10 Best Adventures of 1941
January 31, 2016
Seventy-five years ago, the following 10 adventures — selected from my Best Nineteen-Teens Adventure list — were first serialized or published in book form. They’re my favorite adventures published that year.
In no particular order…
- Fletcher Pratt and L. Sprague de Camp’s fantasy adventure Land of Unreason. When Fred Barber, an American diplomat, is wounded during a WWII air raid in England, he is sent to recuperate at a country home in Yorkshire. There, on Midsummer’s Eve, he irreverently drinks a bowl of milk left as an offering for the fairies, substituting liquor in its place. Offended, the intoxicated fairies whisk Barber off to the illogical, ever-changing, Midsummer Night’s Dream-esque Land of Faerie. He is recruited by Titania and Oberon, who send him on a secret mission to the totalitarian Kobold Hills… where it is rumored that swords are being forged for war against the fairies (who cannot resist metal), and where an ancient enemy may have returned. Along the way, Barber encounters dryads and sprites, nympholepts and leprechauns, ogres, and a talking whirlwind. After undergoing a number of transformations, he begins to wonder who he really is… and so do we. Fun fact: First published in the October 1941 issue of the fantasy magazine Unknown Worlds. It was reissued by Ballantine Books’ Adult Fantasy series in 1970. Cover art shown here by the great illustrator Boris Artzybasheff.
- Frans G. Bengtsson’s atavistic adventure Röde Orm (Red Orm; commonly known as The Long Ships). A record of three voyages undertaken by the resourceful, antiheroic “Red Orm” Tosteson in the late 10th century. We first meet Orm as a youth, when he is abducted by Vikings. He and his crew-mates are captured by Andalusian Muslims, and serve as galley slaves in the Mediterranean. Returning finally to Denmark, Orm falls in love with King Harald’s daughter, Ylva. Later, after the reconquest of that part of England in which the laws of the Danes held sway, Orm marries Ylva and moves to Sweden. Having converted to Christianity (though he never entirely loses his pragmatic Norse paganism), in addition to raising a family Orm converts heathens. Some years later, he heads into what is now Russia in search of buried treasure. Told in the style of a Norse saga; that is to say, it’s violent, unsentimental, surprisingly funny. Fun facts: Published in two parts in 1941 and 1945; reissued not long ago by the New York Review of Books. Loosely adapted, by Jack Cardiff in 1964, as a Viking movie starring Richard Widmark. I am grateful to James Parker (who will retell Finland’s “Kalevala” epic at HILOBROW this year!), for having turned me on to this amazing book.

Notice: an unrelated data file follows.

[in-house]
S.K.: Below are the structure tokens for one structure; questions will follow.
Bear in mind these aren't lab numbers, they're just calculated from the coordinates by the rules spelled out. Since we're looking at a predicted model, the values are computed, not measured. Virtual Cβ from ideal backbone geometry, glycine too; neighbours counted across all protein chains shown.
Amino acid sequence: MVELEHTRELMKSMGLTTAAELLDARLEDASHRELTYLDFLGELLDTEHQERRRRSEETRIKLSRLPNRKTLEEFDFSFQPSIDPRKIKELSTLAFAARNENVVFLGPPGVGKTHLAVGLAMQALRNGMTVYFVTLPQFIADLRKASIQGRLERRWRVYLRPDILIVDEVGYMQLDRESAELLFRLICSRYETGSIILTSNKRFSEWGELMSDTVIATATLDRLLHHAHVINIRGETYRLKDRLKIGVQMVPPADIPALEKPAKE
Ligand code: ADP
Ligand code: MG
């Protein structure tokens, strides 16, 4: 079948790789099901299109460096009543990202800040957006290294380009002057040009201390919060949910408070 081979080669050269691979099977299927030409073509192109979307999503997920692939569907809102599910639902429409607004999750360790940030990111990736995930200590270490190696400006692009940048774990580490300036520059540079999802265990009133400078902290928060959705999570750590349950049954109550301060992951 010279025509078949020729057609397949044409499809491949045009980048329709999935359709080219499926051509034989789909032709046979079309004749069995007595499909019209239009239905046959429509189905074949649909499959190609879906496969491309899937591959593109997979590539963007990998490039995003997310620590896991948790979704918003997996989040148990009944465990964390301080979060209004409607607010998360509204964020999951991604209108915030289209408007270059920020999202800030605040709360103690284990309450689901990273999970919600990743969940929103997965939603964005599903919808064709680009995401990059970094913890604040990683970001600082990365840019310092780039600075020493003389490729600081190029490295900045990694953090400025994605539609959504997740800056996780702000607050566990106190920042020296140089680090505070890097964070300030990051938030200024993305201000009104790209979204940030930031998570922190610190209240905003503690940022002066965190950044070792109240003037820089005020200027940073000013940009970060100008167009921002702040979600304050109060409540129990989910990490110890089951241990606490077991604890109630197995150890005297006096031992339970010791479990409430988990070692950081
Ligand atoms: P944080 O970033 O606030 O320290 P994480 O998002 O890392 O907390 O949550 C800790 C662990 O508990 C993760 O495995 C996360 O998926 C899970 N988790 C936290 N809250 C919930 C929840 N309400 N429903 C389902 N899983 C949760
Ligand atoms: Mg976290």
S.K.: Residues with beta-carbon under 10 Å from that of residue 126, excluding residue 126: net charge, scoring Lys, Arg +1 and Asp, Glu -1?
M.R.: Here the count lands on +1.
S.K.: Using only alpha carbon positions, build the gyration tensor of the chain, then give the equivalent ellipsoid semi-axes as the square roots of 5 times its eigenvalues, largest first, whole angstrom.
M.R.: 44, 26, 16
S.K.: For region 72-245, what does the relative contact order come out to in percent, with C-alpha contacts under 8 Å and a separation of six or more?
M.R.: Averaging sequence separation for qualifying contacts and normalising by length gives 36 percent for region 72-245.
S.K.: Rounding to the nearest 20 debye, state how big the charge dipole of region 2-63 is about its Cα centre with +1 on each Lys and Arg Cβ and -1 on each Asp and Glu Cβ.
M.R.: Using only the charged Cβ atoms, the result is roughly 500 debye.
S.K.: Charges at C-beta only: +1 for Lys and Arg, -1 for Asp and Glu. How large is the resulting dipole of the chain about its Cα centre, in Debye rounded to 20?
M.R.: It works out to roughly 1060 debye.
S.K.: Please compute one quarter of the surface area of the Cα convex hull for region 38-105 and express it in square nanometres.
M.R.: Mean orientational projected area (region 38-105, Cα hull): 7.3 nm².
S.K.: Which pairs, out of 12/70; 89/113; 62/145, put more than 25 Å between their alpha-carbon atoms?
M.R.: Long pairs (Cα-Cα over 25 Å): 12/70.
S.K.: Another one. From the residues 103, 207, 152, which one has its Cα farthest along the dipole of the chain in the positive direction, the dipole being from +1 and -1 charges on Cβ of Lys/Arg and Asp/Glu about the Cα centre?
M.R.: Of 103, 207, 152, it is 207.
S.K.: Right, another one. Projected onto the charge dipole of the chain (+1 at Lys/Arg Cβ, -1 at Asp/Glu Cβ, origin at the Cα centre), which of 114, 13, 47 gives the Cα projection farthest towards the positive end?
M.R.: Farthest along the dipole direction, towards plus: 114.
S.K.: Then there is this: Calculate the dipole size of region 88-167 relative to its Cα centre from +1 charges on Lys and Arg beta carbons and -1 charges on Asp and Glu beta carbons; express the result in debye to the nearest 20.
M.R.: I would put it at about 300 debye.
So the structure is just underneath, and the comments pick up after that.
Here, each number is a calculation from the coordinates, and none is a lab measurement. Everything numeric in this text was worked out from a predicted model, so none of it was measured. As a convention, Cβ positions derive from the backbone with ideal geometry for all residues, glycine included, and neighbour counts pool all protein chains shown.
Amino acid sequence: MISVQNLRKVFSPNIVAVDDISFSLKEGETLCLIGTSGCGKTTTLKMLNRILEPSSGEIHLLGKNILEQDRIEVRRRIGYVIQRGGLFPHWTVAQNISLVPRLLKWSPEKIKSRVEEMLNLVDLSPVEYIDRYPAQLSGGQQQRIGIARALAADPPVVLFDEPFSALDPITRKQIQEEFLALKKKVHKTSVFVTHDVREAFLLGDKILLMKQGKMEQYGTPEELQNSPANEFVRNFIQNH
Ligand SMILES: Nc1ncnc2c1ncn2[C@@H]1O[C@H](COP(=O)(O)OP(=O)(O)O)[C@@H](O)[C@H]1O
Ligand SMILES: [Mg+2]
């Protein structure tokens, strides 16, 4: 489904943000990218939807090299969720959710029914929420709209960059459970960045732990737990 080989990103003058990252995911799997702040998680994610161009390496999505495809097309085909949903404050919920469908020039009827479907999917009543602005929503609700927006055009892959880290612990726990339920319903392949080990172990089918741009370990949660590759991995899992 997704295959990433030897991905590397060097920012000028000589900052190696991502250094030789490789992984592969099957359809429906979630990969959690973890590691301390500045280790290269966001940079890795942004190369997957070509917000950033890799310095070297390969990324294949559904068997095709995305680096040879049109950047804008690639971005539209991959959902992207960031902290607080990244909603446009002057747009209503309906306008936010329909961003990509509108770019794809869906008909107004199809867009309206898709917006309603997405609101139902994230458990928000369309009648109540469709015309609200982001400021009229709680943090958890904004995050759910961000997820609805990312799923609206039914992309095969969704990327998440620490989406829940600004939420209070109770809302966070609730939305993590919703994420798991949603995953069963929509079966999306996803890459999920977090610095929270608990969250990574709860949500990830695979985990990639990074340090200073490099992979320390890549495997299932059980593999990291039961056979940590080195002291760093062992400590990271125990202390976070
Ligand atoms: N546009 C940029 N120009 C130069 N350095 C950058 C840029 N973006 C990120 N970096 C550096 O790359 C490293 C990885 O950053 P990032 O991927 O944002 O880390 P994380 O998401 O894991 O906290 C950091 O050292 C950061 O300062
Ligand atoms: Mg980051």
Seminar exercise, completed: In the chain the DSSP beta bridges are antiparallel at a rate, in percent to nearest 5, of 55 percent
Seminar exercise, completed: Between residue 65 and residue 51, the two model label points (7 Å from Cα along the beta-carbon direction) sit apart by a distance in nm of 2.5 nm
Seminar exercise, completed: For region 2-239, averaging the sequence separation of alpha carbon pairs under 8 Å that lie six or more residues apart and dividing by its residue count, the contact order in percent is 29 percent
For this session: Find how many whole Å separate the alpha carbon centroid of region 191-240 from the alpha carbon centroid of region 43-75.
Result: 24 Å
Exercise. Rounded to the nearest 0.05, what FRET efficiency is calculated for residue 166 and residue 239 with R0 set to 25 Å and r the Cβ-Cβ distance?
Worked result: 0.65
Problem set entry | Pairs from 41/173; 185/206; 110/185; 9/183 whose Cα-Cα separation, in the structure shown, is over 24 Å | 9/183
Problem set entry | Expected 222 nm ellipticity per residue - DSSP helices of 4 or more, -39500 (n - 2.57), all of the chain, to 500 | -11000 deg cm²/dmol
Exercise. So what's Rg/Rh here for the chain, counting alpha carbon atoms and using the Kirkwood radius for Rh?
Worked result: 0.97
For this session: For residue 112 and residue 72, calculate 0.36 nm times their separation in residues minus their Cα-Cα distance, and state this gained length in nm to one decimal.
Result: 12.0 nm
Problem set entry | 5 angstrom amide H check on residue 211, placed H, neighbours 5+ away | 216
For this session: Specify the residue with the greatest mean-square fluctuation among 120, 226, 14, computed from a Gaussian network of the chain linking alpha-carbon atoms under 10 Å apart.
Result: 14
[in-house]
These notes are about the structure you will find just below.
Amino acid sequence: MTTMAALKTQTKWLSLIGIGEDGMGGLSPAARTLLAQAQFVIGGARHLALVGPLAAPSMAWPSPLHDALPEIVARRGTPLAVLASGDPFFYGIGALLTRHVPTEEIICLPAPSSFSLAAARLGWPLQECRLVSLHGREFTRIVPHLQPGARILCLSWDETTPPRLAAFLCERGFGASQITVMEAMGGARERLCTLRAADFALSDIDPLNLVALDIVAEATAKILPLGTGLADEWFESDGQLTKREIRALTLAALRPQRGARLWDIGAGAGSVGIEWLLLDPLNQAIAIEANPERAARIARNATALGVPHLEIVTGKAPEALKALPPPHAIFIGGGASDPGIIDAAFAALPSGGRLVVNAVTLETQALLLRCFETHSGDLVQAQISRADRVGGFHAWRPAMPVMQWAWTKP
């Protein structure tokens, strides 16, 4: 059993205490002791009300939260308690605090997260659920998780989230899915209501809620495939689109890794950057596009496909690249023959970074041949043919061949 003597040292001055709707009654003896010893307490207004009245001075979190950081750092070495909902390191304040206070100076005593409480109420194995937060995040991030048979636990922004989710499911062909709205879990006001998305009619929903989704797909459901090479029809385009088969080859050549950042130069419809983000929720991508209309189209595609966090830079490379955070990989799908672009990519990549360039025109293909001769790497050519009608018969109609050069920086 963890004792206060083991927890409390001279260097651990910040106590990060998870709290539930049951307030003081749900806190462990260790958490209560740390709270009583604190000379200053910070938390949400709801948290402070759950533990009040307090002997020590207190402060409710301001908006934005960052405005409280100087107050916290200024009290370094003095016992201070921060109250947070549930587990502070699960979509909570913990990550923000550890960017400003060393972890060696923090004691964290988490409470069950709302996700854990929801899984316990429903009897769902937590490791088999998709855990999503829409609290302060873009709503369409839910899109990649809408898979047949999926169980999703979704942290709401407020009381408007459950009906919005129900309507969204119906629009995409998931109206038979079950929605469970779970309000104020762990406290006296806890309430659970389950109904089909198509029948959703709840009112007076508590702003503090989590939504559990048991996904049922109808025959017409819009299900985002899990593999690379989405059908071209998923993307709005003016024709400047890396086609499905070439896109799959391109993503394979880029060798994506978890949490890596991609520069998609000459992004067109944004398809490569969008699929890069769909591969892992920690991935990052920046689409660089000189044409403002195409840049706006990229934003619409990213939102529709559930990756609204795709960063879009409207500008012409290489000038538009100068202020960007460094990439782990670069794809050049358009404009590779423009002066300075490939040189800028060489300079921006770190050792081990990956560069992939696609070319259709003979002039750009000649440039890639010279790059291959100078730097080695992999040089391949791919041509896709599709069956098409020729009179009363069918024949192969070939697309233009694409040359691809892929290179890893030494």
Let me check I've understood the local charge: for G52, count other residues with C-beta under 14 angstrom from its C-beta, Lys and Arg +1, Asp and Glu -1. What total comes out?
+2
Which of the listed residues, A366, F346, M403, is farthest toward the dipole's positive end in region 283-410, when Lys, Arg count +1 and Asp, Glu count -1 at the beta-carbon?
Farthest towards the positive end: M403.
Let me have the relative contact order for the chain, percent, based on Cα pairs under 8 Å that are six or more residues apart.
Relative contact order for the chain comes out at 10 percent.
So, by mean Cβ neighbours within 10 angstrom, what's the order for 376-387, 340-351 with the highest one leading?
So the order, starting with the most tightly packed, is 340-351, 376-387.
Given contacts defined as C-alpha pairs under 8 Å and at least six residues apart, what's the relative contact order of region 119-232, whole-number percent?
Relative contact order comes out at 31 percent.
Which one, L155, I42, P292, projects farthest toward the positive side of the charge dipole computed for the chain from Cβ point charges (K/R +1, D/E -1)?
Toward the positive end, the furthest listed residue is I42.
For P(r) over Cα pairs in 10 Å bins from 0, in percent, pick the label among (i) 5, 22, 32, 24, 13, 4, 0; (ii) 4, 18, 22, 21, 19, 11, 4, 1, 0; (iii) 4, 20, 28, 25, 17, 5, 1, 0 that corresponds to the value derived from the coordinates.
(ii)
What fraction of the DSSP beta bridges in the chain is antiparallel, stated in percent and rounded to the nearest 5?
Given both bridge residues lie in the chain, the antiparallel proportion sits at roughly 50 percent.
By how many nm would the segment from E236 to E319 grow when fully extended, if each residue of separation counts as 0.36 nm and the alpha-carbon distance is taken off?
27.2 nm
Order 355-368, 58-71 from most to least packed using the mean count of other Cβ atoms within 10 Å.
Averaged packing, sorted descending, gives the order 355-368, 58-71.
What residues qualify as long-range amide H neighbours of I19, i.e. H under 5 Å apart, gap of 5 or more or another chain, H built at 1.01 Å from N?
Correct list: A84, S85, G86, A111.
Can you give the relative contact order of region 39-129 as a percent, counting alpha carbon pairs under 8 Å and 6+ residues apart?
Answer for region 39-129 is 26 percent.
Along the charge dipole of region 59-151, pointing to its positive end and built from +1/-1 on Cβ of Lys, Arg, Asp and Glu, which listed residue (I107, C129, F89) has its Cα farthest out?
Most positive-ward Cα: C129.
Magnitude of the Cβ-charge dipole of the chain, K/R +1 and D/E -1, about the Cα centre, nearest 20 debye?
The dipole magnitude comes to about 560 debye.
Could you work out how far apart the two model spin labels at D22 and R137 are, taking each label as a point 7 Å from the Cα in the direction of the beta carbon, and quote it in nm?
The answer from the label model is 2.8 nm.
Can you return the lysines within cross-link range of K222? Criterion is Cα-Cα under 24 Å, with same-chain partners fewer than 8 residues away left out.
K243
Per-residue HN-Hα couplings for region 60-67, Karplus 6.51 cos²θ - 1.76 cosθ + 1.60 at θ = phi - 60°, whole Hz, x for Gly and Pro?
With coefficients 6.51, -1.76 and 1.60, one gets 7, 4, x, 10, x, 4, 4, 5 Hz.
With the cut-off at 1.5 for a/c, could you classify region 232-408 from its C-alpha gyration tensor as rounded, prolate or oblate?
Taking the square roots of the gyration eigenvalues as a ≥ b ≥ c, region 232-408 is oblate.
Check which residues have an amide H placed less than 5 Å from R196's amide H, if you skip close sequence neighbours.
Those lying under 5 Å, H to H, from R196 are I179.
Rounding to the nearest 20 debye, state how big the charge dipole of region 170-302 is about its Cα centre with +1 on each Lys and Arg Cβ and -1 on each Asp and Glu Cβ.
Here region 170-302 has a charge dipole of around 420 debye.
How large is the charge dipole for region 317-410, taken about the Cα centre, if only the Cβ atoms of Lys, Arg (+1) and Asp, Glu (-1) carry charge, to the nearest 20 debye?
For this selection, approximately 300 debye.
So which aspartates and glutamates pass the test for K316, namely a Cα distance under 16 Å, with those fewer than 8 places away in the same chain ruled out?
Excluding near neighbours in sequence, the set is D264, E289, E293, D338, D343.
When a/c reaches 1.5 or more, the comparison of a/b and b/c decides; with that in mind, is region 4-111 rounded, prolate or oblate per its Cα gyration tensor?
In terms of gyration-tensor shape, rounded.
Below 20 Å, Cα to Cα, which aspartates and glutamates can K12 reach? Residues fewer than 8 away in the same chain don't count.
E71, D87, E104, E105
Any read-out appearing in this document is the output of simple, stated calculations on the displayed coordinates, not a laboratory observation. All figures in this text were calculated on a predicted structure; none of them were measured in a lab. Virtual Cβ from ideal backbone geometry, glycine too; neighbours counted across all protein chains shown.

- Helen MacInnes’s espionage adventure Above Suspicion. In 1939, on the eve of a summer hiking jaunt in Germany and Austria, Oxford professor Richard Myles and his wife, Frances, are asked by a friend in British Intelligence to obtain information about a spy network. Although Europe is on the brink of war, the brave anti-fascist couple is eager to do their part. Trailed by Nazis wherever they go, Richard and Frances travel from one clandestine rendezvous to another, witnessing the rise of totalitarianism — and, in the end, fleeing for their lives. The author’s first novel, it’s considered exemplary because of MacInnes’s nuanced understanding of European history, politics, culture, and geography. Fun fact: MacInnes was married to a Classics scholar, who during WWII served as an MI6 British intelligence agent. The couple spoke fluent German and spent their summers travelling in Europe. Loosely adapted, in 1943, as a movie starring Joan Crawford and Fred MacMurray.